Platform shared with the Evo + three rows of seating = the ideal vehicle for an enthusiast with kids? This formula encapsulates the promise of the second-generation Mitsubishi Outlander. But back when it was introduced, for the 2007 model year, the reality fell short, with too many rough edges in both the chassis and the interior. Last year the Outlander was freshened with a more Evo-like nose, an upgraded interior, and a new GT trim that added an active front differential. More than ever Mitsubishi was pitching the Outlander as the family hauler for enthusiasts. But do the tweaks go deep enough?
The Outlander was already a handsome crossover when fitted with the 18-inch wheels standard on all but the base model (which gets 16s). Though the crisp sheetmetal dates back to 2007, it’s doesn’t appear dated. Flared wheel openings and a kinked beltline keep the exterior from appearing generic without taking it over the top or appearing tacked on. The new, more distinctive nose adds some aggressiveness and more clearly marks the vehicle as a Mitsubishi.
Inside, Mitsubishi has done an admirable job of upgrading the interior for pocket change. Most of the plastic castings remain the same, but padded vinyl surfaces have been added to the instrument binnacle, instrument panel fascia, and upper doors. Though the vinyl has a budget look and feel to it—no one will mistake it for leather—it’s a big step up from hard plastic. That said, plenty of cheap bits remain, and door handles evince a tinny clang when the portals are opened, so the overall effect isn’t convincing. The Outlander was short on refinement even by 2007 standards, and the revisions aren’t thorough enough to keep up with competition that has lept forward.
The view forward from the driver’s seat is about ideal for a crossover: not too far from the windshield, and also not too upright. Simply a good car raised a few inches. The view rearward is good, and enhanced by large mirrors and (with the optional nav) a rearview camera. The front seats will work better for some people than others, as the non-adjustable lumbar bulge is prominent. Thankfully the active headrests don’t jut uncomfortably far forward. More of a problem: the steering wheel does not telescope and is positioned a little too far away for those of us without long arms.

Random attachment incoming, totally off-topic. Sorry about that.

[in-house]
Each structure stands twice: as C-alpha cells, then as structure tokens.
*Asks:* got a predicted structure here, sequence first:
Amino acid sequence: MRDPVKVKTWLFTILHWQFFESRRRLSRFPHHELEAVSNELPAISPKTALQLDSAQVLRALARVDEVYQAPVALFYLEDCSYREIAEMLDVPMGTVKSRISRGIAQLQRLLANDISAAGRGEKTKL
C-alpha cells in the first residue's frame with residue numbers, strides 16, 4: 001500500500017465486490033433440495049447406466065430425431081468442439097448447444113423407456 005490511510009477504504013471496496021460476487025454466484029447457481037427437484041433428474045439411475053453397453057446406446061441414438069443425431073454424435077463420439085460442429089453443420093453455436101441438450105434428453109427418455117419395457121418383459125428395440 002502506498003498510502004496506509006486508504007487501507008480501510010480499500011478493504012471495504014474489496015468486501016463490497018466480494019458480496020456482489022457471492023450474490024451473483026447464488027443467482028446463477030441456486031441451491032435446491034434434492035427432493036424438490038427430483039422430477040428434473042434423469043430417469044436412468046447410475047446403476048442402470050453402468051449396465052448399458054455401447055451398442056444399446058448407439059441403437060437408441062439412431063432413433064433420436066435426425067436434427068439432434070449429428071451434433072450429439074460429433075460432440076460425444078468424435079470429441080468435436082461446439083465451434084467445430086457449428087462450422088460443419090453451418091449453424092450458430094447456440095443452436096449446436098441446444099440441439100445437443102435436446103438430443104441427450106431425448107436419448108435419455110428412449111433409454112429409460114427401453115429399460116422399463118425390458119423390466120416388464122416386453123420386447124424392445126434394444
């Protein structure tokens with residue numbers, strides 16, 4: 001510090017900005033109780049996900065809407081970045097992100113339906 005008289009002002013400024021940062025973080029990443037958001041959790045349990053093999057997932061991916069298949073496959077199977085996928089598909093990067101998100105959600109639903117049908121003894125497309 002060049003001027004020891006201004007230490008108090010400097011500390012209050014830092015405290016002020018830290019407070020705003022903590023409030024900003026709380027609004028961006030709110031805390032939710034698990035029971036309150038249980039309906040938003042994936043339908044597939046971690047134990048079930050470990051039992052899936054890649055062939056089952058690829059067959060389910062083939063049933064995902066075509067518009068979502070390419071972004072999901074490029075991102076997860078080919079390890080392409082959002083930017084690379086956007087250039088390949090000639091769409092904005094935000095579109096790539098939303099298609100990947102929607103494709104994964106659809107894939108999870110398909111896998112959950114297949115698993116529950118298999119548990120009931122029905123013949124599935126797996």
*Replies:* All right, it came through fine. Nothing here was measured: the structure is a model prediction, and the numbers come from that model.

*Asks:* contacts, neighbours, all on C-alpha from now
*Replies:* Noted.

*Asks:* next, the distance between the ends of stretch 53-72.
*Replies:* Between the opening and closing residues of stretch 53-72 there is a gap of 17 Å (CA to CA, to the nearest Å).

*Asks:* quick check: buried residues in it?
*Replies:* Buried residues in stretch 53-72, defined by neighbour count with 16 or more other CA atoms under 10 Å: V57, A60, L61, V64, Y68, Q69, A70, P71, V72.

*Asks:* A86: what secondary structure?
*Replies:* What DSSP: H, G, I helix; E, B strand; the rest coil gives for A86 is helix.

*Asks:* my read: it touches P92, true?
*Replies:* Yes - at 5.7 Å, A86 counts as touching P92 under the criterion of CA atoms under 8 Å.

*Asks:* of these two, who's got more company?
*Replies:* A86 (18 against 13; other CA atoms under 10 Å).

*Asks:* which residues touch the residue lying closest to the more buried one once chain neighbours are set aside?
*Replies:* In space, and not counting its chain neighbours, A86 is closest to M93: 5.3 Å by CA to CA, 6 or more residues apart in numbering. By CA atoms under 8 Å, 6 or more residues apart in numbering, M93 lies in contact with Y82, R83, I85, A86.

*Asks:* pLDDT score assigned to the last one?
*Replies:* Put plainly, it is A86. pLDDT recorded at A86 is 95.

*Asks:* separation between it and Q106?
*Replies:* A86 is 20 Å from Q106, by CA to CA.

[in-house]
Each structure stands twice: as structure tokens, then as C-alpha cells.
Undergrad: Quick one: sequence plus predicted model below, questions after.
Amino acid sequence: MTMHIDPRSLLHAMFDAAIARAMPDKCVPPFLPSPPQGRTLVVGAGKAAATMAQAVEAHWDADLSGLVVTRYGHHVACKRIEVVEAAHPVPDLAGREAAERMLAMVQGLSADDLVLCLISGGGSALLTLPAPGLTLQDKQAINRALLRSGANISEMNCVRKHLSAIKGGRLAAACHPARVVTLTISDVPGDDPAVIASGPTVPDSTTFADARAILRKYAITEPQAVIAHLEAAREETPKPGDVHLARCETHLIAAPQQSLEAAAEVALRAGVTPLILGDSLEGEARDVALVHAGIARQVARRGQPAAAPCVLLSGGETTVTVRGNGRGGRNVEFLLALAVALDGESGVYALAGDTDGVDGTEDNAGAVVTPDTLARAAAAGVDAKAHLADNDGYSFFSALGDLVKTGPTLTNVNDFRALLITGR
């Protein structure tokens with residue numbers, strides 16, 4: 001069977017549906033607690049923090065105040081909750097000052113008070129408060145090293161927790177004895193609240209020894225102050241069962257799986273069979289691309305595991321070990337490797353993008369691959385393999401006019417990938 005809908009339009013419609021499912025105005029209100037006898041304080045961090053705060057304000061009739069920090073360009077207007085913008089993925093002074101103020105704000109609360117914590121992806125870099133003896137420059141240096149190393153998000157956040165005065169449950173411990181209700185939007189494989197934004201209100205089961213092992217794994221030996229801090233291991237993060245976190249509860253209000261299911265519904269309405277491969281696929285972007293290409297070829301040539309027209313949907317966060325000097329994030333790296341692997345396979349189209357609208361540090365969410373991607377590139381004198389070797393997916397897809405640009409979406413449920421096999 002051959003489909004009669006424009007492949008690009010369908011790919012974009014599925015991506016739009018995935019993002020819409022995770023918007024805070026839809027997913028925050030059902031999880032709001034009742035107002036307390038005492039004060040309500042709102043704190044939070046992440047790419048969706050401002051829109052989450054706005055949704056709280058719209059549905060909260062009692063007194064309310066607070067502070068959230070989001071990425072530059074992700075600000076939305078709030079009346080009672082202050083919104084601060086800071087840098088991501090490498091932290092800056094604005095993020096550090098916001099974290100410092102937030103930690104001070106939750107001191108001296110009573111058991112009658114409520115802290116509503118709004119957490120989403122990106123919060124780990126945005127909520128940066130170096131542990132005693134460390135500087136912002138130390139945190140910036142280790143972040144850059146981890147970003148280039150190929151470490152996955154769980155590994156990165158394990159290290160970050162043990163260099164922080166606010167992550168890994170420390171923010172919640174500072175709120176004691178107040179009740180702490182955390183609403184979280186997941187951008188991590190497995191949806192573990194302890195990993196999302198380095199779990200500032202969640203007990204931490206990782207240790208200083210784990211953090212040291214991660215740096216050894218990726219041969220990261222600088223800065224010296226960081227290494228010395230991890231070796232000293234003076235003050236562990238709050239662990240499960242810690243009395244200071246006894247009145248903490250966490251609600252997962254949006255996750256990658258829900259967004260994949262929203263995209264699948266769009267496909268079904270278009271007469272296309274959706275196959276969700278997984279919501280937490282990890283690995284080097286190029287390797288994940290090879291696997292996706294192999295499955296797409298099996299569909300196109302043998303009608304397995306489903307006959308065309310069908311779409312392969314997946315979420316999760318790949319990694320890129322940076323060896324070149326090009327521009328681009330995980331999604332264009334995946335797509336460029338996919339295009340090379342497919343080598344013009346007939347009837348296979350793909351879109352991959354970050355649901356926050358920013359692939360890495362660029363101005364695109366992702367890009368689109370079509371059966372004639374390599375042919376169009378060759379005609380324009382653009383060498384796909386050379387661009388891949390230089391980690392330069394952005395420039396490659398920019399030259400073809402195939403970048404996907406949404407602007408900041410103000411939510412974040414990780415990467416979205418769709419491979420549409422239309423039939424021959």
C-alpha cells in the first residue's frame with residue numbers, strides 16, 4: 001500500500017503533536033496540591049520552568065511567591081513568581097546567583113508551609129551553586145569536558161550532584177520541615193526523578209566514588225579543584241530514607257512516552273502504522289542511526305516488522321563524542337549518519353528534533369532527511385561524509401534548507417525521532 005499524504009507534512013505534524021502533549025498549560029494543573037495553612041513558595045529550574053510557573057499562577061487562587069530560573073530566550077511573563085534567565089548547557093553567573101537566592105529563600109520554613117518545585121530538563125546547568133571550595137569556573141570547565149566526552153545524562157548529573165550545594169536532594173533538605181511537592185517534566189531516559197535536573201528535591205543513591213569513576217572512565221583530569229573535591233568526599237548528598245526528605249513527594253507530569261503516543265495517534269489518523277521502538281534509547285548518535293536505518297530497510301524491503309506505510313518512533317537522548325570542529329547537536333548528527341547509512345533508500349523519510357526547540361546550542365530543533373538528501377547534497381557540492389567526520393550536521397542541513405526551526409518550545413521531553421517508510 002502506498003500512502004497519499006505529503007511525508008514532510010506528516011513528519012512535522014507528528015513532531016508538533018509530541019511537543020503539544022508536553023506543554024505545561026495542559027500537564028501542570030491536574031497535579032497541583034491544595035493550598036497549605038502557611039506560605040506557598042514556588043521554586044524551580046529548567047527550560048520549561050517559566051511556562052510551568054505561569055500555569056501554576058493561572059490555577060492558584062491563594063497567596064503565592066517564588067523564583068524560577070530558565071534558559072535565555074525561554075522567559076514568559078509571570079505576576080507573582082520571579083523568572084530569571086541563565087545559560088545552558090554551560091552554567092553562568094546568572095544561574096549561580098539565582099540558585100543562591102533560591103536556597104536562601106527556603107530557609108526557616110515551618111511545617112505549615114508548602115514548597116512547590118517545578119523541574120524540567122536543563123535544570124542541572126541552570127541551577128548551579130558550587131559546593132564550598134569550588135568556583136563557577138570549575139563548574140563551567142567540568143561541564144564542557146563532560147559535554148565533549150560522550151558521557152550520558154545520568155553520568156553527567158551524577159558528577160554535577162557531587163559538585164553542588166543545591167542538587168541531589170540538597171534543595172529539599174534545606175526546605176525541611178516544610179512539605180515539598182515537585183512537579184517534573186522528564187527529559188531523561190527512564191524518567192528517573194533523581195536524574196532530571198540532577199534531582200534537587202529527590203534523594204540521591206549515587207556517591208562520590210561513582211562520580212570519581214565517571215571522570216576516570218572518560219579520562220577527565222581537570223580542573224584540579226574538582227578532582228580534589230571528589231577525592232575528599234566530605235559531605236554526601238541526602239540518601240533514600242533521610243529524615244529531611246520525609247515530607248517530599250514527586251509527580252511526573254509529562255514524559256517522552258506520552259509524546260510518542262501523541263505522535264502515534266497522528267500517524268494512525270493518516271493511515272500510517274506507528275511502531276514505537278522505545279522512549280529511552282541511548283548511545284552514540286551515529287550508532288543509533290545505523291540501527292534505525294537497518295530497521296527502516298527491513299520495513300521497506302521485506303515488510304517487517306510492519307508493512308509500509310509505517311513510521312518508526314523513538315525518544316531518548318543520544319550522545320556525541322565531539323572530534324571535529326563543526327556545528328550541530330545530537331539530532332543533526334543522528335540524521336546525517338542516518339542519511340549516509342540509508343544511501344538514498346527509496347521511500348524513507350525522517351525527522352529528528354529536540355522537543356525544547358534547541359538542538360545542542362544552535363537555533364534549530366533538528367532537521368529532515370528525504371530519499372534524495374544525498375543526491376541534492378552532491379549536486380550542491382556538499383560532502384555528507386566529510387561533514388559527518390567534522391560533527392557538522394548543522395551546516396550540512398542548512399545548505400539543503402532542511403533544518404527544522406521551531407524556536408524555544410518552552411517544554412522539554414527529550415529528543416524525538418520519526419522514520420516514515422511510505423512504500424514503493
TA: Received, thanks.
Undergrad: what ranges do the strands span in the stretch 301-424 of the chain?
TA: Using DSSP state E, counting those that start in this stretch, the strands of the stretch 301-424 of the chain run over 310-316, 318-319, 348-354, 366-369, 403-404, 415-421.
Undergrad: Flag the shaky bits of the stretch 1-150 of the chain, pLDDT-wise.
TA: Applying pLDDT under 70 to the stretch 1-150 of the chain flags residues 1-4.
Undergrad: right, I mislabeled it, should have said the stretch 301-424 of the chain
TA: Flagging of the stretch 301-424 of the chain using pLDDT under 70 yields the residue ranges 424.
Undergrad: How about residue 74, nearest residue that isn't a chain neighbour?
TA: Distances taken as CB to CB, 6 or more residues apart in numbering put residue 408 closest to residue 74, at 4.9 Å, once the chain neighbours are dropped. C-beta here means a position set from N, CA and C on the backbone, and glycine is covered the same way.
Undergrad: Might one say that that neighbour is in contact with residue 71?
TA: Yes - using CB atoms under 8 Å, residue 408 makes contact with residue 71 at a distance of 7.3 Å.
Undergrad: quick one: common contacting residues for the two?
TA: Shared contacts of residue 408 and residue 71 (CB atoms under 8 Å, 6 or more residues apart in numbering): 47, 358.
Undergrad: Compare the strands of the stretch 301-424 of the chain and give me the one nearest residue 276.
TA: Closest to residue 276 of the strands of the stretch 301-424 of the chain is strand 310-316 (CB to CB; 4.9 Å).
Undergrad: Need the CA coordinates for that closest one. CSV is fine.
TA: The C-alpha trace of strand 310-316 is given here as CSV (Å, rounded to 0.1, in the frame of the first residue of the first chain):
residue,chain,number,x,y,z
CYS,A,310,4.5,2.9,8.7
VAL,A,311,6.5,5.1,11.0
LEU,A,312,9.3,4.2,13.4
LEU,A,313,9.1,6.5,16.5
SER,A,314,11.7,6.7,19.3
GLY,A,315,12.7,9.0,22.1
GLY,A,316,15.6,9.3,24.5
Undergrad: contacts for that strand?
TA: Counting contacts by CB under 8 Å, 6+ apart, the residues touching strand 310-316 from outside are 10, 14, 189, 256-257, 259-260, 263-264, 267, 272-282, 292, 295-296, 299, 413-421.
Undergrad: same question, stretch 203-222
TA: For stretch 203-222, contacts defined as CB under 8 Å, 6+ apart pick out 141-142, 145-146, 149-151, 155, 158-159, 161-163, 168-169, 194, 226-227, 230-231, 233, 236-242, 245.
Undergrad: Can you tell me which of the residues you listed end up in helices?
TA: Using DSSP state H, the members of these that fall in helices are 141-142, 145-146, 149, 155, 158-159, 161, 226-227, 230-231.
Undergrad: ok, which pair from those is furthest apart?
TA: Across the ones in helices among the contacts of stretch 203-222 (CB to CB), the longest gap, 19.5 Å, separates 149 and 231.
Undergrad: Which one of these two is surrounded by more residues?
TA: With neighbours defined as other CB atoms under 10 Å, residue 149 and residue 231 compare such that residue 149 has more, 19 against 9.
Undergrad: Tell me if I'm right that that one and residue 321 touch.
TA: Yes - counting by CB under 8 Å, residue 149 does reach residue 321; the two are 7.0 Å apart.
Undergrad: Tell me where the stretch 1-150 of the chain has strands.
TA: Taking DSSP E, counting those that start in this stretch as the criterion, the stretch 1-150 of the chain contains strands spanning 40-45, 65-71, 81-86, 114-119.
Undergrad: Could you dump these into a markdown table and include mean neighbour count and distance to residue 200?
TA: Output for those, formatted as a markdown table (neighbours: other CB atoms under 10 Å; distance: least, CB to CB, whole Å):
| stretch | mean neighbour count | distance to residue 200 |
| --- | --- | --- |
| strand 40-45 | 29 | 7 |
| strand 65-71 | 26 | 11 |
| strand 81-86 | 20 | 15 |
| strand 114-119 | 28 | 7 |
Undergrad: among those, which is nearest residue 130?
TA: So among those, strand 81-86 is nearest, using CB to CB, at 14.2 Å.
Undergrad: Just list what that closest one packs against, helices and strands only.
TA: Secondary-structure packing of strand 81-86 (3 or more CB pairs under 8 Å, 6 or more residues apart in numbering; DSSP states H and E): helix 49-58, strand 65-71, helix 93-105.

Though Mitusbishi has stuffed three rows into the body of a compact crossover (183 x 71 x 66 inches), the second row is roomy enough for adults even when slid all the way forward. Slide it back, and there’s large car legroom. The second row is also high enough off the floor to provide decent thigh support and an open sitelines. The third row, which is more difficult than most to set up and stow, could not be more rudimentary. The bottom isn’t even a cushion. Instead, cloth that doesn’t attempt to match the other seats is stretched over a perimeter frame, hammock-style. Okay for kids, less okay for larger, heavier people. Even with kids back there the second row must be slid forward to make room for legs. Bottom line: if you’re just looking for occasional space for two kids, it’ll do. For full-time or adult use, perhaps not.
Even with the third row up there’s enough space behind it for a few large duffels or a major grocery run. There’s almost as much room behind the third row as in a Honda Pilot, a much larger vehicle, and far more than you’ll find behind the third row in a Kia Sorento or Toyota Highlander (much less the RAV4, which dealers rarely stock with the third row). It helps that the well behind the seat is very deep. And, to access this deep well, the bumper folds own tailgate style. You won’t find a lower liftover. The third row collapses flat into the floor—with little in the way of padding, it takes up very little space when stowed. The second row doesn’t fold to form a flat floor, but this is to be expected given how extremely low the rear floor is. The front passenger seat does not fold, a shame as this would take a highly versatile interior to the next level. A rigid cargo shelf as see in the PT Cruiser to form a flat floor with the second row would also be a nice touch, but the optional cargo cover is the window shade type.